Doping is a promising strategy for lowering the sheet resistance of nanostructure networks. Doping has been performed before on individual carbon nanotube transistors, where metal-nanotube interfaces (the so-called Schottky barrier) dictate conductance. (T. Takenobu et al, Adv. Mat. 17, 2430 (2005); J. Chen et al, Apply. Phys. Lett. 86 123108 (2005); A. Afzani-Ardakani et al, U.S. Patent Application 20060038179). Not surprisingly, data from such devices does not provide much information regarding the effect of doping a nanostructure network, e.g., on the change in optical and electrical properties.

Carbon nanotube networks have been doped using inorganic species such as K, Br2, SOCl2 and NO2. (Kong et al, Science 287 (2000); Lee et al, Nature 388 (1997); S. Ruzicka et al, Phys. Rev. 61, 2468 (2000); U. Dettlaff-Wegilowska et al, J. Am. Chem. Soc. 127, 5125 (2005)), however such species are typically very unstable, and are consequently removed from the nanotubes with time. For example, doping with NO2 results in an increased conductivity, but dopant (NO2) inevitably evaporates from the nanotube film, due to the small binding energy between NO2 and the nanotubes. In addition, only modest increase of the network conductivity has been observed. Finally, the literature has not described techniques for doping transparent networks or explored the effects of doping on the transparency of the networks.

SUMMARY

The present invention describes doped nanostructure networks and structures based on such networks, which preferably have unique properties such as high conductivity, low sheet resistance, high transparency, and stability over extended periods of time. The nanostructures can be, but are not limited to, single-walled carbon nanotubes, multi-walled carbon nanotubes, double-walled carbon nanotubes, few-walled carbon nanotubes, fullerenes, graphene flakes/sheets, or semiconductor nanowires such as silicon nanowires. Preferably, the nanostructures are single-walled carbon nanotubes (SWNTs).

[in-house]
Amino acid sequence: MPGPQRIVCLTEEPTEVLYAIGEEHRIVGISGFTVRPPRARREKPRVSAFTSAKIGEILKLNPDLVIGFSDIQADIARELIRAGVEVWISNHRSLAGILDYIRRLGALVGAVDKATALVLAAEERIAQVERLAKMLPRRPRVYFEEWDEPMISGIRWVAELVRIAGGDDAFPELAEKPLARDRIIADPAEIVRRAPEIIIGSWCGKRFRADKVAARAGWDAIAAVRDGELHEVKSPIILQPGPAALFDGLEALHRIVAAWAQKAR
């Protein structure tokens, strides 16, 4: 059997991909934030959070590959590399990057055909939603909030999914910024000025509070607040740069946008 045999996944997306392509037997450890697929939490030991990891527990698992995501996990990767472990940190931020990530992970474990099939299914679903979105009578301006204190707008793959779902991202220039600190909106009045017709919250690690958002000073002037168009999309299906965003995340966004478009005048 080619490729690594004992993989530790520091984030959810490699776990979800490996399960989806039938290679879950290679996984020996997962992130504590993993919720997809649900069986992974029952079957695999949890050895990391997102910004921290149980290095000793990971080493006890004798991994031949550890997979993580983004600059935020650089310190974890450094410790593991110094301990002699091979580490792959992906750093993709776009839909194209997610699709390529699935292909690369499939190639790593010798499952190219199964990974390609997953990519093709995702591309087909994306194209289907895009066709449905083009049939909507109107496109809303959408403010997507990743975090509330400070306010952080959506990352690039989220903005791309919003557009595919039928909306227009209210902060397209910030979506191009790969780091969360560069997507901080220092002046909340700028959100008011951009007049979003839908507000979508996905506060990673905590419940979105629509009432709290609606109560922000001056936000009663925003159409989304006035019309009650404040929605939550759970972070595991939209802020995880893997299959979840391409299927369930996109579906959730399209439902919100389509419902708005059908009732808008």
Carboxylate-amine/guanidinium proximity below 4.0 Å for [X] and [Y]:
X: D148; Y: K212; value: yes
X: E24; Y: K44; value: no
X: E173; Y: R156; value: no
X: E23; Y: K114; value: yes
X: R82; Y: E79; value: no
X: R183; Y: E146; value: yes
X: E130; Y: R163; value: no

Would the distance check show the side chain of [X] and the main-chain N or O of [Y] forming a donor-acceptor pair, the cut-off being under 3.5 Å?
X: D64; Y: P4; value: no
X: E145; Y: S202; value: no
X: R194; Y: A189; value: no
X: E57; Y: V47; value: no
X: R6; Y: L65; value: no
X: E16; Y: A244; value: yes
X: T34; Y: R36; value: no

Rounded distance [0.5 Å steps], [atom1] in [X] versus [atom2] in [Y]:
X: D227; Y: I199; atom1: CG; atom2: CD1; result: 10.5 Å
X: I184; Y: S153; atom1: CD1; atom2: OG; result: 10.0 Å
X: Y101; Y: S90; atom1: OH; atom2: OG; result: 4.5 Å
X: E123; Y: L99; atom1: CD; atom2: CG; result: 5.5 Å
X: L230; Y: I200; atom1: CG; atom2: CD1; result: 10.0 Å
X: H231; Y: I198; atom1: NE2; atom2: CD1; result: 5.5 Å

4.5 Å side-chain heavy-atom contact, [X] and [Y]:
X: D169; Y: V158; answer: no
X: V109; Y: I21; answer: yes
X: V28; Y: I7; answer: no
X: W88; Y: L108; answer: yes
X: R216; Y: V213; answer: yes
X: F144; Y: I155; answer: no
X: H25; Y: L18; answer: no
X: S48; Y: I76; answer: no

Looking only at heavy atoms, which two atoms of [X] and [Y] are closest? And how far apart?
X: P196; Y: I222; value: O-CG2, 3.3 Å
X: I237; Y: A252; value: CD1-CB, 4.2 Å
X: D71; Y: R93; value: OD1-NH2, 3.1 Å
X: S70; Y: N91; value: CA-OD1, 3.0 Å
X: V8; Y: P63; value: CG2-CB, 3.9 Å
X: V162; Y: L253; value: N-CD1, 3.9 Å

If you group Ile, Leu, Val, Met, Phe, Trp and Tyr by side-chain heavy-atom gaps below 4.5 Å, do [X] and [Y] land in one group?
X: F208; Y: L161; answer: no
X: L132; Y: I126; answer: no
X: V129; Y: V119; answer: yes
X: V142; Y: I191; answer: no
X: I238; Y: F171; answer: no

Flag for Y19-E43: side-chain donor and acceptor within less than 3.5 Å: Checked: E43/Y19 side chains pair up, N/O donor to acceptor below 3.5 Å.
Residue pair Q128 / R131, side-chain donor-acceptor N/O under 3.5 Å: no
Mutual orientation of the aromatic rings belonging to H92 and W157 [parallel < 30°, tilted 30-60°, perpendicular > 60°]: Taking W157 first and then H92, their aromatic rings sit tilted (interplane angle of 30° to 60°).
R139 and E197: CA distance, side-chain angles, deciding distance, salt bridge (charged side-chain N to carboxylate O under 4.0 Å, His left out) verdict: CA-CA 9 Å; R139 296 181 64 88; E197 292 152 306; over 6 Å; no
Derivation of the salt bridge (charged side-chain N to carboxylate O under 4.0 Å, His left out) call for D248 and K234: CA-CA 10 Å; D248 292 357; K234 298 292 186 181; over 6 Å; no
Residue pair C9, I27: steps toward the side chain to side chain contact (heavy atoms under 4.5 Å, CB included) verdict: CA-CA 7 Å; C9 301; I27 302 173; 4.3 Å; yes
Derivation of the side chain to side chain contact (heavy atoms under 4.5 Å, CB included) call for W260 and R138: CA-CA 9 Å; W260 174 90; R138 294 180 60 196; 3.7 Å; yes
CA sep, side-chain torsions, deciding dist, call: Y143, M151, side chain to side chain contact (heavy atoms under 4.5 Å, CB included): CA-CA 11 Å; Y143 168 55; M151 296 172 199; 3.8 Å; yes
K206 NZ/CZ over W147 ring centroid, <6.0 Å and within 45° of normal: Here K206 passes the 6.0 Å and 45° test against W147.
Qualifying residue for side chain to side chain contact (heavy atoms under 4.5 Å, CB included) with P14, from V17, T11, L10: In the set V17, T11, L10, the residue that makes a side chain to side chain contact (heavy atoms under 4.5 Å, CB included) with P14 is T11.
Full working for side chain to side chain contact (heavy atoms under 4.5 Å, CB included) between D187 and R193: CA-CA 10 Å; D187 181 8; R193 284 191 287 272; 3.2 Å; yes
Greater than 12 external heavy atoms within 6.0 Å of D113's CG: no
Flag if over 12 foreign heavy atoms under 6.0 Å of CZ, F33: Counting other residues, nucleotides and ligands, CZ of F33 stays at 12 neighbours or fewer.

One embodiment of the invention is a nanostructure network doped with organic species that can have a conductivity of 4000 S/cm and a transparency of at least 70%. Another embodiment of the invention is a structure comprising more than one layer, wherein at least one layer comprises a network of nanostructures and at least one layer comprises dopant molecules. The multi-layered structure has a transparency of at least 50% and a sheet resistance of less than 180 Ohms/sq. In another embodiment of the invention, a composite comprising a network of nanostructures intercalated with organic dopant molecules is described. Another embodiment of the invention is a structure comprising a nanostructure network, dopant molecules, and an encapsulation layer. The structure is preferably stable over an extended period of time. Methods of making these compositions and structures according to embodiments of the present invention are also provided.

Other features and advantages of the invention will be apparent from the accompanying drawings and from the detailed description. One or more of the above-disclosed embodiments, in addition to certain alternatives, are provided in further detail below with reference to the attached figures. The invention is not limited to any particular embodiment disclosed.

BRIEF DESCRIPTION OF THE DRAWINGS

The invention is better understood from reading the following detailed description of the preferred embodiments, with reference to the accompanying figures in which: